WASHINGTON, May 7 (Reuters) - Boeing Co will struggle to boost international sales of its F/A-18E/F Super Hornet fighter jets despite a $3-billion-plus deal expected soon with Kuwait, analysts and industry executives said.
On Wednesday, Reuters reported that Kuwait is poised to announce in coming weeks an order for 28 Super Hornets. On Thursday, people familiar with the Kuwait deal said it also includes options for up to 12 additional jets.
The Kuwait order will help extend production at Boeing’s St. Louis facility into 2019, and preserve its ability to compete for fighter orders from Canada, Denmark, Malaysia and Belgium.
But the Kuwait order was only the second foreign order for the jets after years of talks, and it is far from a “major breakthrough” for Super Hornets on the global fighter market, said Richard Aboulafia, analyst with the Virginia-based Teal Group.
Canada and Denmark remained “outside possibilities” for further F/A-18 orders, he said, citing both countries’ investment in the F-35 Joint Strike Fighter being developed by Lockheed Martin Corp for the U.S. military and eight partner countries.
Byron Callan with Capital Alpha Securities agreed that sales to Canada and Denmark were “long shots” for Boeing.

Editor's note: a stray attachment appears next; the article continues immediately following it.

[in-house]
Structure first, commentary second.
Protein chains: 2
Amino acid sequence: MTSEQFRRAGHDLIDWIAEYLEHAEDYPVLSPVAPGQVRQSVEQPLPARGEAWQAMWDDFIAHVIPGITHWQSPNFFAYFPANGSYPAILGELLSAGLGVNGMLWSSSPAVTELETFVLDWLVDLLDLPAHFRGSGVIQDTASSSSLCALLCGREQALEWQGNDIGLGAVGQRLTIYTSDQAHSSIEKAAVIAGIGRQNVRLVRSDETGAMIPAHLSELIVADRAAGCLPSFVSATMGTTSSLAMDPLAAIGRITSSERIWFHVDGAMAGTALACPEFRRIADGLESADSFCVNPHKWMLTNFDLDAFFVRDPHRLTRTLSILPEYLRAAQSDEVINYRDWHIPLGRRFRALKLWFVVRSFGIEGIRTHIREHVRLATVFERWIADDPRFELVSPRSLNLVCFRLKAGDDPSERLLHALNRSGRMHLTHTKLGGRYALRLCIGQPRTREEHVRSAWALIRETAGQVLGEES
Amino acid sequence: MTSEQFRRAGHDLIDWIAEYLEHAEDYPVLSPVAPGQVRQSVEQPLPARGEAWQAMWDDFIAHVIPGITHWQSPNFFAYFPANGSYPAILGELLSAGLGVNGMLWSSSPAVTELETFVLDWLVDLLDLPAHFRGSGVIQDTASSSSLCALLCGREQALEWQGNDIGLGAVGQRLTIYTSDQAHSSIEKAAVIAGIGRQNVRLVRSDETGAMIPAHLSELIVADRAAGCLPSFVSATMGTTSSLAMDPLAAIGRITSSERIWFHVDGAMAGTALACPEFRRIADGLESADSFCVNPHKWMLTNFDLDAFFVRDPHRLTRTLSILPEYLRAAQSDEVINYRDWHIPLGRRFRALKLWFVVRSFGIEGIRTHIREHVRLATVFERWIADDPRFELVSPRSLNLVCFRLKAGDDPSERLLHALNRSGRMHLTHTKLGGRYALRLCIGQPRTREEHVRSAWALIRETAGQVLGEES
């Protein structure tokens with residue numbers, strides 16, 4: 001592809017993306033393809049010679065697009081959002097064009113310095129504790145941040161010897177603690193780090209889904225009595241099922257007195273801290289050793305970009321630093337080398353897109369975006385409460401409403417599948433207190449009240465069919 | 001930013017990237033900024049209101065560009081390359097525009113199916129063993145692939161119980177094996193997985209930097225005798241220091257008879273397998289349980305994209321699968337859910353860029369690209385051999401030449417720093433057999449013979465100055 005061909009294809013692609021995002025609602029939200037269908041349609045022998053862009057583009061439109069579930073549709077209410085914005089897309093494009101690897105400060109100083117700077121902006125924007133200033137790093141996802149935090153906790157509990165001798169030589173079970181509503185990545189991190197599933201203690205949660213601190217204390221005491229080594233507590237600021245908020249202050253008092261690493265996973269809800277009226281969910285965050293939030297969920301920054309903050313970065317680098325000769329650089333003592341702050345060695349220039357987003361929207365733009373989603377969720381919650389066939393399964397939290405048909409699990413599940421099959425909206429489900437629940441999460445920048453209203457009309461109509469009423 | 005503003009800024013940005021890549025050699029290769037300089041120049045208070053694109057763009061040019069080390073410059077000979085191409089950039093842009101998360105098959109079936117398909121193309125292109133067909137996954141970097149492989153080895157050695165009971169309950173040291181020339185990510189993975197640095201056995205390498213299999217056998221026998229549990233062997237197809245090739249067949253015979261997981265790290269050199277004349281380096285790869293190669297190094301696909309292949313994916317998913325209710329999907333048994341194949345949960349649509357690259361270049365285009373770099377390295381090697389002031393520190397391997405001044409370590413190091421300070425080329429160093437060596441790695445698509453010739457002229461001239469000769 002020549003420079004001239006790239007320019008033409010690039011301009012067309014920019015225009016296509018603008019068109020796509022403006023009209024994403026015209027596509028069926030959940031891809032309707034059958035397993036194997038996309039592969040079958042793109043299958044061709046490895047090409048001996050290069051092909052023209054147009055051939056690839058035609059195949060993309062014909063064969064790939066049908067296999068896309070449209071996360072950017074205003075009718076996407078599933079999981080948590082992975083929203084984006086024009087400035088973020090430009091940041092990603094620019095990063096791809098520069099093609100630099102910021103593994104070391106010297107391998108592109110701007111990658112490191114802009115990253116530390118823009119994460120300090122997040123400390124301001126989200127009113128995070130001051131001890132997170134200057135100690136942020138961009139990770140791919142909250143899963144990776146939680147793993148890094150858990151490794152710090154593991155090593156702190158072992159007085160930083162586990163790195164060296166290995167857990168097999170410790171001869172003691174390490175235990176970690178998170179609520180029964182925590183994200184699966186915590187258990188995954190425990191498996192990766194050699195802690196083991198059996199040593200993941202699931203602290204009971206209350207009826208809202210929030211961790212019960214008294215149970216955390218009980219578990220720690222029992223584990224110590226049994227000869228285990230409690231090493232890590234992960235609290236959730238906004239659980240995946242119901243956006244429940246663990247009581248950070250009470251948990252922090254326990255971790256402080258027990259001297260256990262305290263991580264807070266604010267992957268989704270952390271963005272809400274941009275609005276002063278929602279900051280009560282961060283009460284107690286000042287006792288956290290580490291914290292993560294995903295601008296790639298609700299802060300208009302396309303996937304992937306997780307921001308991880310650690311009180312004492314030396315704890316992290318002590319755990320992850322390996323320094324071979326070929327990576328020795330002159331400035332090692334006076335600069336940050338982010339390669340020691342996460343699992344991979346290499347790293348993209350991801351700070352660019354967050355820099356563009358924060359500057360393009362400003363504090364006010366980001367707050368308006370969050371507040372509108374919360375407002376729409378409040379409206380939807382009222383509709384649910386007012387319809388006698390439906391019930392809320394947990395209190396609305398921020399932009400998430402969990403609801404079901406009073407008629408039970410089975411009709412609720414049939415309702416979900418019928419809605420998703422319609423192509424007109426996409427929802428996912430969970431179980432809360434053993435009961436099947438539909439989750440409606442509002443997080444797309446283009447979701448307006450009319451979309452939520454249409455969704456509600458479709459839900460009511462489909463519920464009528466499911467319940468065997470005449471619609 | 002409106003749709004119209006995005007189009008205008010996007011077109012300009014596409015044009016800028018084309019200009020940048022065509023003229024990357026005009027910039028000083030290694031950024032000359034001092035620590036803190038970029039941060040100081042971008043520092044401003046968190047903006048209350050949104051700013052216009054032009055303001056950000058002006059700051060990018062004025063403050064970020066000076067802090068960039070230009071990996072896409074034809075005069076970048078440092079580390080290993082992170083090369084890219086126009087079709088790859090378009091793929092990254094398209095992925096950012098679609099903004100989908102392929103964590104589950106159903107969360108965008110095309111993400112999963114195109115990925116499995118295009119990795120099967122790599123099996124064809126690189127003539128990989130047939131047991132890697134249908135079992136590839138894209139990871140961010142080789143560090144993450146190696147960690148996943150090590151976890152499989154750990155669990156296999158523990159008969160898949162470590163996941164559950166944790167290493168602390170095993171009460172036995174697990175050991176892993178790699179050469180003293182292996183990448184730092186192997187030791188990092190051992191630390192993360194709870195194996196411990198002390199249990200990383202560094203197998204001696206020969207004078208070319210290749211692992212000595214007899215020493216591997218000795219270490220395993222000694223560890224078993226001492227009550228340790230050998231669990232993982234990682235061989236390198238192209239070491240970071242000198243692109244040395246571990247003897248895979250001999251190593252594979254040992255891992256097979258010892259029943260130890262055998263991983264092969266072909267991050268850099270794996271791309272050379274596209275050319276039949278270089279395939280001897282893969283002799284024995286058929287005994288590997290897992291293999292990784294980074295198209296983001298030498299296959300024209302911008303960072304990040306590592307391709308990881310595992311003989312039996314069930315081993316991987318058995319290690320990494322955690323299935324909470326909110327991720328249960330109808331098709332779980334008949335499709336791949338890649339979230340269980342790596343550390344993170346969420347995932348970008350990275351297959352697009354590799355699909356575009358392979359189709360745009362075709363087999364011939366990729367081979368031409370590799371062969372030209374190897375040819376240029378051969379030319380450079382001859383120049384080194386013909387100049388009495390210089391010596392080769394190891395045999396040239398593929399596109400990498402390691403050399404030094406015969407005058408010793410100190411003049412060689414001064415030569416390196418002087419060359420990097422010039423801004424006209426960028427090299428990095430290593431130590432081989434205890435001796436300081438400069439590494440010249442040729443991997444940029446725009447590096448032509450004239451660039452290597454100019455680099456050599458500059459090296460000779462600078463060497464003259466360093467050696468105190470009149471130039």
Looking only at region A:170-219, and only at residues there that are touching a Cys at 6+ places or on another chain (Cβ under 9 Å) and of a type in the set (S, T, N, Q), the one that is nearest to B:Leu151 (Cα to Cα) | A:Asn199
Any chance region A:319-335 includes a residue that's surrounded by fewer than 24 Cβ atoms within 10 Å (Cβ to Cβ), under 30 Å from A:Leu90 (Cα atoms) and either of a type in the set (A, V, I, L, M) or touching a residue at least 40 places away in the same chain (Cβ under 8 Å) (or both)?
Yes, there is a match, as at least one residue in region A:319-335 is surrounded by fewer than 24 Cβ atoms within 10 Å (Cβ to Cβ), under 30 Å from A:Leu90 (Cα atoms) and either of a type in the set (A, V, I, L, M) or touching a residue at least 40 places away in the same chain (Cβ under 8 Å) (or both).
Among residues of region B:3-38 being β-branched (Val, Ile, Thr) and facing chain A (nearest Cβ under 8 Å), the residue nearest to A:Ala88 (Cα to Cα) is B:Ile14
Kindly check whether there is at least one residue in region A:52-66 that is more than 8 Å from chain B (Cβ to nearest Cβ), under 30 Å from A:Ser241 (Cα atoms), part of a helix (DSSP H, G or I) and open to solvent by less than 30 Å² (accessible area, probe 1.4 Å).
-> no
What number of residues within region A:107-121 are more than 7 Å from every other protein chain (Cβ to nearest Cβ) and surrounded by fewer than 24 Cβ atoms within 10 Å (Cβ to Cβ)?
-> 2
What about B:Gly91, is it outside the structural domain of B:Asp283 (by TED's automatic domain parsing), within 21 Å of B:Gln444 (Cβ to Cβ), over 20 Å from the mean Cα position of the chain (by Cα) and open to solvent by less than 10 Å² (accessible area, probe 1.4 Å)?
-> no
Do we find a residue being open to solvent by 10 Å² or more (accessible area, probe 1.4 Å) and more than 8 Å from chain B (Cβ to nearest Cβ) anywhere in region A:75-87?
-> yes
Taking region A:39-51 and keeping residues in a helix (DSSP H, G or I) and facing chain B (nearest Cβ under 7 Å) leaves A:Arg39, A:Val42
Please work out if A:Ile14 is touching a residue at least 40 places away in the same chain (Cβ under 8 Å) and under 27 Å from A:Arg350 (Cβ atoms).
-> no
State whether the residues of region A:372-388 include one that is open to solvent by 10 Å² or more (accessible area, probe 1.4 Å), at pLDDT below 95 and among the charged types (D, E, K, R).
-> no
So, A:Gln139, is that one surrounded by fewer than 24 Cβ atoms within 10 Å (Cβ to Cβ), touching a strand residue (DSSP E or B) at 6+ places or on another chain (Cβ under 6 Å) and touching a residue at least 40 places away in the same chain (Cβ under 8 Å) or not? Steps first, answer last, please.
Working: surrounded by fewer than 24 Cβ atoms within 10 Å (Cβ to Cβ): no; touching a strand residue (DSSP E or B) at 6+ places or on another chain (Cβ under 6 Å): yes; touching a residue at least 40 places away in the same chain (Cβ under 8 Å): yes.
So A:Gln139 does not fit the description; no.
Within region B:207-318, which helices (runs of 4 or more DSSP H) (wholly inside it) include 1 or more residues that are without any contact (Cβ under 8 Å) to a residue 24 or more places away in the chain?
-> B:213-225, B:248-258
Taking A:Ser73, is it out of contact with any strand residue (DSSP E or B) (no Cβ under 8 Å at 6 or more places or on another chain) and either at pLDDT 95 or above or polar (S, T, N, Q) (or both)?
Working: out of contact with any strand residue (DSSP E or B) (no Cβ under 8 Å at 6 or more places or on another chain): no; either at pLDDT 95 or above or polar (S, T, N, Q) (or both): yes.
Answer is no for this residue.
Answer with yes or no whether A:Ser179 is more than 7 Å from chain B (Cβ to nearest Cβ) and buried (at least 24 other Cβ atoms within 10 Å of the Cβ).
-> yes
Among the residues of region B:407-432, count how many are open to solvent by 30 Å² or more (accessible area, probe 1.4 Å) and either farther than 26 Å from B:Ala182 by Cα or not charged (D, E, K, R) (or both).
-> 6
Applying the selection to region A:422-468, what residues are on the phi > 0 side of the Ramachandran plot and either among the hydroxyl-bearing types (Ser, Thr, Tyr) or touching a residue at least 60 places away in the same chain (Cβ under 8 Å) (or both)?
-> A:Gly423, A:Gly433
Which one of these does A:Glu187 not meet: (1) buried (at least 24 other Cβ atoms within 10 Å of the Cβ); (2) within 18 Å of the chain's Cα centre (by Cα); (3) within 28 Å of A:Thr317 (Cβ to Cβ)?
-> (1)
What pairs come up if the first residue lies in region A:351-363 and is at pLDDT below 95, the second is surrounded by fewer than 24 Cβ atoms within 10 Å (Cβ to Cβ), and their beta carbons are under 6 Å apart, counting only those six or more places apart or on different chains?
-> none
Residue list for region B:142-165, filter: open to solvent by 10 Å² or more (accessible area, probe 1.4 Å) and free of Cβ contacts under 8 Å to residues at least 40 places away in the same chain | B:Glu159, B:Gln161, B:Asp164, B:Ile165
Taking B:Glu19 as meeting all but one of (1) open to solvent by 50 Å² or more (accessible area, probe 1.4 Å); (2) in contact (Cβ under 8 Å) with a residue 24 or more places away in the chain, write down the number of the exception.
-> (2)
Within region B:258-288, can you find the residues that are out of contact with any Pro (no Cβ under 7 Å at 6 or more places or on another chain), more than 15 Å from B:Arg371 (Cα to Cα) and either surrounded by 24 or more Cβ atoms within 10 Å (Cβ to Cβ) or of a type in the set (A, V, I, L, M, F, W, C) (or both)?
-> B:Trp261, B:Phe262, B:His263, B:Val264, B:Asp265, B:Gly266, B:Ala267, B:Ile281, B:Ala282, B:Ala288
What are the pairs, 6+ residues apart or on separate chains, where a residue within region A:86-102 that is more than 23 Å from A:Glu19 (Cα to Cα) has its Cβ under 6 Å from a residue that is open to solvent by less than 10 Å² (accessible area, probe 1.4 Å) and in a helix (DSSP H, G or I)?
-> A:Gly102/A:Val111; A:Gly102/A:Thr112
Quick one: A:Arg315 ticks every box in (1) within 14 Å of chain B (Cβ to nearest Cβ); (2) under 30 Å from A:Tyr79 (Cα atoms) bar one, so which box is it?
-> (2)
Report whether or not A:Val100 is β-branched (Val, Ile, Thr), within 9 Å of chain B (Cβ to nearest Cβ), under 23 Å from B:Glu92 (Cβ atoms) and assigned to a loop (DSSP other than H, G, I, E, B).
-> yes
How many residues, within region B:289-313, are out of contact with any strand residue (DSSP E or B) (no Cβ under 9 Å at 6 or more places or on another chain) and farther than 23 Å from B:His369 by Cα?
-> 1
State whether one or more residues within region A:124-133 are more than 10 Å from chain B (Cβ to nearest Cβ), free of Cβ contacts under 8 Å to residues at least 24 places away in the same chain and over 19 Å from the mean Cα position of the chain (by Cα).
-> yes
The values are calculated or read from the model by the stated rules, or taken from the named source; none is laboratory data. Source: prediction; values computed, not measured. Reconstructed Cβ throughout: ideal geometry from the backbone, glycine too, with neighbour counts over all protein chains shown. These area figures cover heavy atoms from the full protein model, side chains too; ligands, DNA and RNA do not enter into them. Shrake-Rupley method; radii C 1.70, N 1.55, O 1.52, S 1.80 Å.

He said the Kuwait deal was unlikely to trigger further F/A-18 sales in the Middle East given that most other countries are already ordering jets from other companies. He also cited the region’s continued longer-term interest in the F-35.
“There aren’t any other doors to open,” Callan said.
Boeing still has a chance of selling some of its F-15 fighter jets to Qatar, analysts and industry executives said, but such an order was seen unlikely for several years, after news last week that Qatar had ordered 24 Rafale fighter jets from France’s Dassault for 6.3 billion euro ($7.02 billion).
The expected Middle East order, combined with U.S. congressional moves to fund 12 more Boeing F/A-18E/Fs in the fiscal 2016 budget, provides a lifeline for a program that was once due to end production this year.
Maintaining production of the popular fighter jets, equipped to land on and take off from aircraft carrier, will give the U.S. military the option of ordering more EA-18G electronic attack jets, which are built on the same line.
The Navy has said it has enough EA-18Gs, or Growlers, but a study of the needs of other military services, could point to the need for an unspecified number of the jets.
Gulf allies remain strongly interested in the F-35 fighter jet, but Washington is likely to continuing to block sales for several years given a congressional mandate to ensure Israel’s “qualitative military edge,” according to U.S. officials. Israel is slated to start receiving its first F-35 warplanes next year. (Reporting by Andrea Shalal; Editing by David Gregorio)